Day 21- Getting ready for landfall

Position: 1200 UTC N 015° 06' W 057° 15'

Normally you don't spend much time preparing for going ashore. To get the fenders and ropes ready is just a few minutes work. But nothing is normal with our next landfall. After more than three weeks at the Atlantic Ocean we are rapidly approaching land again. We have only 215 nautical miles left now, that's nothing! We did a lot of preparations before we left Las Palmas, back then our arrival was impossible to imagine. The same goes for the first days at sea, the crossing seemed to stretch into eternity. That might explain why we now have to do some landfall preparations. Where exactly in the fore cabin are the fenders? Where are the finish instructions given to us the day before we left? We saw them on the first day at sea, but since then they have disappeared. Might there be any navigational hazards close to land? It feels strange to worry about water depth again. I have found and filled out the paper that is to be handed over to the customs, the passports are where they should be, in the grabbag and I think I know where my shoes are (though I haven't seen them since Las Palmas). After this long time at sea being under sail has become the norm. In our little world the wind comes from behind and our two headsails are constantly pulled out by spinnaker poles. Coming around Pigeon Island and approaching the finish line we will most likely be close hauled, we want to finish with the sails up, doing the whole ARC without using the engine for propulsion. Therefore we need to think about taking the poles down, getting the two headsails on the same side and hoisting the mainsail for the first time.

Today we are about to take our last shower. It will probably take up most of our day, feet need to be scrubbed, unwanted body hair removed and nails shortened. Although everything will roll around on the cockpit floor I am sure that the girls will do it smiling, they are so eager to get ashore, I am reluctantly starting to look forward to is as well. Maybe Cantare starts to feel the tension, maybe she wants to stay here at the Atlantic, something is definitely going on. Since we took the DuoGen up we are forced to run he engine everyday to generate power. This morning when Emelie was about to start the engine it only sounded normal for a few second before everything went quiet, the voltage was on a critical level so we badly needed to get the engine started. Now I was really glad that I have installed the whole electrical system myself and that I did it with problem searching in mind. Four screws to loosen, then the start panel is easy to take out and I can check the backside. The fuse was blown. I changed it and we tried to start again. The new fuse blew in just a few seconds. Hmm…what might be the problem then, probably a short circuit somewhere, but how was I to find it? Since everything looked all right at the back of the start panel I put in a slightly larger fuse and told Emelie to turn the key while I was down looking at the start engine. Ah sparks, I could see sparks around one of the connection screews. Turned out that the nut was a tiny bit loose. My dad has told me many times how important it is to secure the nuts tightly. Could the problem be that easy to solve? Yes it was! After tightening the nut and putting a right size fuse in place everything was back to normal. Today's shower was back on!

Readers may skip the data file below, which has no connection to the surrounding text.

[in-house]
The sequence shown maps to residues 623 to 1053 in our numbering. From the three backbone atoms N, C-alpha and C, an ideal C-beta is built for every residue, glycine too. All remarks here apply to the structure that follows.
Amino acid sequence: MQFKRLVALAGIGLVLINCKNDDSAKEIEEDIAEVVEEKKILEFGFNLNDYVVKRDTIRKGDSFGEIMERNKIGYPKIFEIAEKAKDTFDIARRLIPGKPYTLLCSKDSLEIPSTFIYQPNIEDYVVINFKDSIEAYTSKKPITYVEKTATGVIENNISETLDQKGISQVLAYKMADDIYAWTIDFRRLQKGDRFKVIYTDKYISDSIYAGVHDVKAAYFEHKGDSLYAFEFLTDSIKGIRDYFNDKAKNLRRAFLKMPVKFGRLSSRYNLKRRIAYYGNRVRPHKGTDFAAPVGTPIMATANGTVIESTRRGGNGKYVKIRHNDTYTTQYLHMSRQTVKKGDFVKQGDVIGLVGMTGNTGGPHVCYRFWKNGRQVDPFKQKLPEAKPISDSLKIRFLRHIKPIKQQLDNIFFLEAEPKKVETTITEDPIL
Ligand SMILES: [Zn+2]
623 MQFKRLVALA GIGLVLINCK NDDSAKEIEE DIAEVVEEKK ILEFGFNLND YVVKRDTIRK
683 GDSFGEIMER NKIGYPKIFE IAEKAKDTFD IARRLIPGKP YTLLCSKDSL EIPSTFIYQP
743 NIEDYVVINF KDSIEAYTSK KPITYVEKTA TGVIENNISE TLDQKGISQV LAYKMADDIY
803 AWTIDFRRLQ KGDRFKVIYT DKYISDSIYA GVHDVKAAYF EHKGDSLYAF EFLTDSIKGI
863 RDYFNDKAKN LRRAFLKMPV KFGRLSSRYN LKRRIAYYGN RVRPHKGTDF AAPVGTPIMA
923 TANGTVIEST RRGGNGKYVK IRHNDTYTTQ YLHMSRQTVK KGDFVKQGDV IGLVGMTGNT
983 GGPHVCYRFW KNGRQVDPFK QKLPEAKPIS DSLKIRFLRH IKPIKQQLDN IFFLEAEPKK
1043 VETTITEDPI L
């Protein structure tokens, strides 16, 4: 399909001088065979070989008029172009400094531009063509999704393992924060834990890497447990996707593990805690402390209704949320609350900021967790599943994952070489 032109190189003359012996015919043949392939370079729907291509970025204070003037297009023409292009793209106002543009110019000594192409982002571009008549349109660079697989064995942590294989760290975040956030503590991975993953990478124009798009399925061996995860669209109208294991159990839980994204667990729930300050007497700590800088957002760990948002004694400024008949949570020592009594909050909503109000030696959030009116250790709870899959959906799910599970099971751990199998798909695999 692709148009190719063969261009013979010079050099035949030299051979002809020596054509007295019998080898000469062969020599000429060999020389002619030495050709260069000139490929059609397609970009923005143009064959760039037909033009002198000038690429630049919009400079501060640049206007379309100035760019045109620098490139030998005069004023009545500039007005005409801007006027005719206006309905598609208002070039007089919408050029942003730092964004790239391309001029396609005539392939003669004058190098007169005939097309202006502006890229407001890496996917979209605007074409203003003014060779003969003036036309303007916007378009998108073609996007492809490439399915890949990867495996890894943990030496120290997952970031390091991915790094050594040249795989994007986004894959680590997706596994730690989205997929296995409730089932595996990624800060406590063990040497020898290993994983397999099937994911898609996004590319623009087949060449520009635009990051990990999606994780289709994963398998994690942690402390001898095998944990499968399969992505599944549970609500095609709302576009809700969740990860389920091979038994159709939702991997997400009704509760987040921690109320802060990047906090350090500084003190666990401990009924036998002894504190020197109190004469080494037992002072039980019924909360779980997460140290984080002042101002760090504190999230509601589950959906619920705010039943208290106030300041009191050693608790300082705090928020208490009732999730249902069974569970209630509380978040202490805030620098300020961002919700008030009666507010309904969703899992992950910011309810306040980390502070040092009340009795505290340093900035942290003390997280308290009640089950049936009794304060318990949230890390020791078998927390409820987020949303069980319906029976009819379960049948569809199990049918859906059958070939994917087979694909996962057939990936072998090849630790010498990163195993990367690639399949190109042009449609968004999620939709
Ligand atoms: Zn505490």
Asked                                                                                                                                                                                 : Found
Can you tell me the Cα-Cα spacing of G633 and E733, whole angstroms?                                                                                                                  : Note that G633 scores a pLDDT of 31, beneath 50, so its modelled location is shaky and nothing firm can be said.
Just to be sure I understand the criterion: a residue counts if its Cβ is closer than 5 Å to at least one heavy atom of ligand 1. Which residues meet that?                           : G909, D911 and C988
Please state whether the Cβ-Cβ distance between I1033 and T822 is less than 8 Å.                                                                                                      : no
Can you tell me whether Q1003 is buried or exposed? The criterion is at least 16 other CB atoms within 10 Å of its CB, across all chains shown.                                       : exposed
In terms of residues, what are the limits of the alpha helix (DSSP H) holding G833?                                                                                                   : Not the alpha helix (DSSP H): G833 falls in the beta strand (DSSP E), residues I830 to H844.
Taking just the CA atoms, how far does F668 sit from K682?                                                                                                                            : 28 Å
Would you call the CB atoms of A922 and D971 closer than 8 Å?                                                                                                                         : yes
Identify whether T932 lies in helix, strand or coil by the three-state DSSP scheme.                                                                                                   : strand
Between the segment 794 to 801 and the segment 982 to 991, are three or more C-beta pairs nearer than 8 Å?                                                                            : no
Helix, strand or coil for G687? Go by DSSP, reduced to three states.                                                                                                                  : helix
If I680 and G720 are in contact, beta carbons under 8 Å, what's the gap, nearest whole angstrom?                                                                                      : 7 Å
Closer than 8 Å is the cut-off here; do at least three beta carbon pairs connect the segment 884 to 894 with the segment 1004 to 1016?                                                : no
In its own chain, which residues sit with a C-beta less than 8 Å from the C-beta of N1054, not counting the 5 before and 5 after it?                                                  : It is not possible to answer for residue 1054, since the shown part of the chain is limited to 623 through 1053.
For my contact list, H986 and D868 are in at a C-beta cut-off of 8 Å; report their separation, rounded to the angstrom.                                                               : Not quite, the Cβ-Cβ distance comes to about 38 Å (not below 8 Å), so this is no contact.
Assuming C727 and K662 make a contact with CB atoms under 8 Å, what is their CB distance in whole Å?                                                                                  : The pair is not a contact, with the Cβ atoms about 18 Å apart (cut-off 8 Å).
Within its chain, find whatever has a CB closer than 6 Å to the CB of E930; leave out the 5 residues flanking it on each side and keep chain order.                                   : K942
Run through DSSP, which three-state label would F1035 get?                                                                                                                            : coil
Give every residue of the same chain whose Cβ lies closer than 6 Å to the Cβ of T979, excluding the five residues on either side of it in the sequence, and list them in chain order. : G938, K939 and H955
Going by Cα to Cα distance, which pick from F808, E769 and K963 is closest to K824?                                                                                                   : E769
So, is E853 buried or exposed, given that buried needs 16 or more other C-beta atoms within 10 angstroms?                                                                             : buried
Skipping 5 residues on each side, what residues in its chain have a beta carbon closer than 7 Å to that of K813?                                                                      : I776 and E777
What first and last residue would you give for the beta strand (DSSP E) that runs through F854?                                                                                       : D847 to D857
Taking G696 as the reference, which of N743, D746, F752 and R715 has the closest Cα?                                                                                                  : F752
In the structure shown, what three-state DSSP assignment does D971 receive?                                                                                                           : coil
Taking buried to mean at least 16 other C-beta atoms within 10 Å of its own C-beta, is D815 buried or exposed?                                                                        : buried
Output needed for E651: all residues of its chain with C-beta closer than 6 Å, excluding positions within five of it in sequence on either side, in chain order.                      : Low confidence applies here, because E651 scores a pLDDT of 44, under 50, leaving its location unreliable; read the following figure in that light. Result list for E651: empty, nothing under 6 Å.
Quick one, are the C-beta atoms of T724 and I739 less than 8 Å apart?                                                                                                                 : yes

But Cantare wasn't finished with us for today, when we turned on the watermaker nothing much happened. It pumped alright but there wasn't any fresh water output. I could see some air in the hose going in to the pump, I decided to circulate the system for a while, like you do when you've put in a new filter. Luckily that solved the problem. Today seems to be the day when we have to pay for our lazy days. The wind is having a nasty last-days-at-the-Atlantic celebration, we now on and off have 50 knots of wind, forcing us to constantly reef and unreef the sails.   

It is also time to put the champagne in the fridge, you can do it at home as well. Get ready to celebrate our landfall in the new world! / Have a nice Lucia Day - The Captain 

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  1. Anonymous Says:

    Be careful when getting on shore, the pontoons in Rodney Bay Marina sway quite a bit after the crossing!

    \Bernhard (ARC2006 on board Galateia)

    PS: Great blog, keep it up!

  2. Unknown Says:


    Njut av korgen ni får strax efter målgång.
    Har själv aldrig seglat över atlanten, men seglat ner en båt fr Stockholm - via Holland - via Portugal - till Las Palmas... Och sen när båten var över då flög jag dit och cruisade runt s:t lucia... Mycket trevligt.
    Jag har tävlingssegat i mååånga år - framförallt stora båtar (IMS) på ostsidan.... fast inget går ju upp mot långseglingar. Najs!
    Och ni har varit jätteduktiga och jag är dessutom grymt avis på hela ert seglingsäventyr! Way to go, girls!

    Hälsningar & ha en fantastisk tid.

  3. Hasse B/ Says:

    Great job, great girls!! Three weeks at sea - then you def know what longdistance sailing is all about.
    Enjoy your well-deserved shower, a comfortable dry bed, all the square rooms that doesnt tilt and all the cold an hot Caribs !!!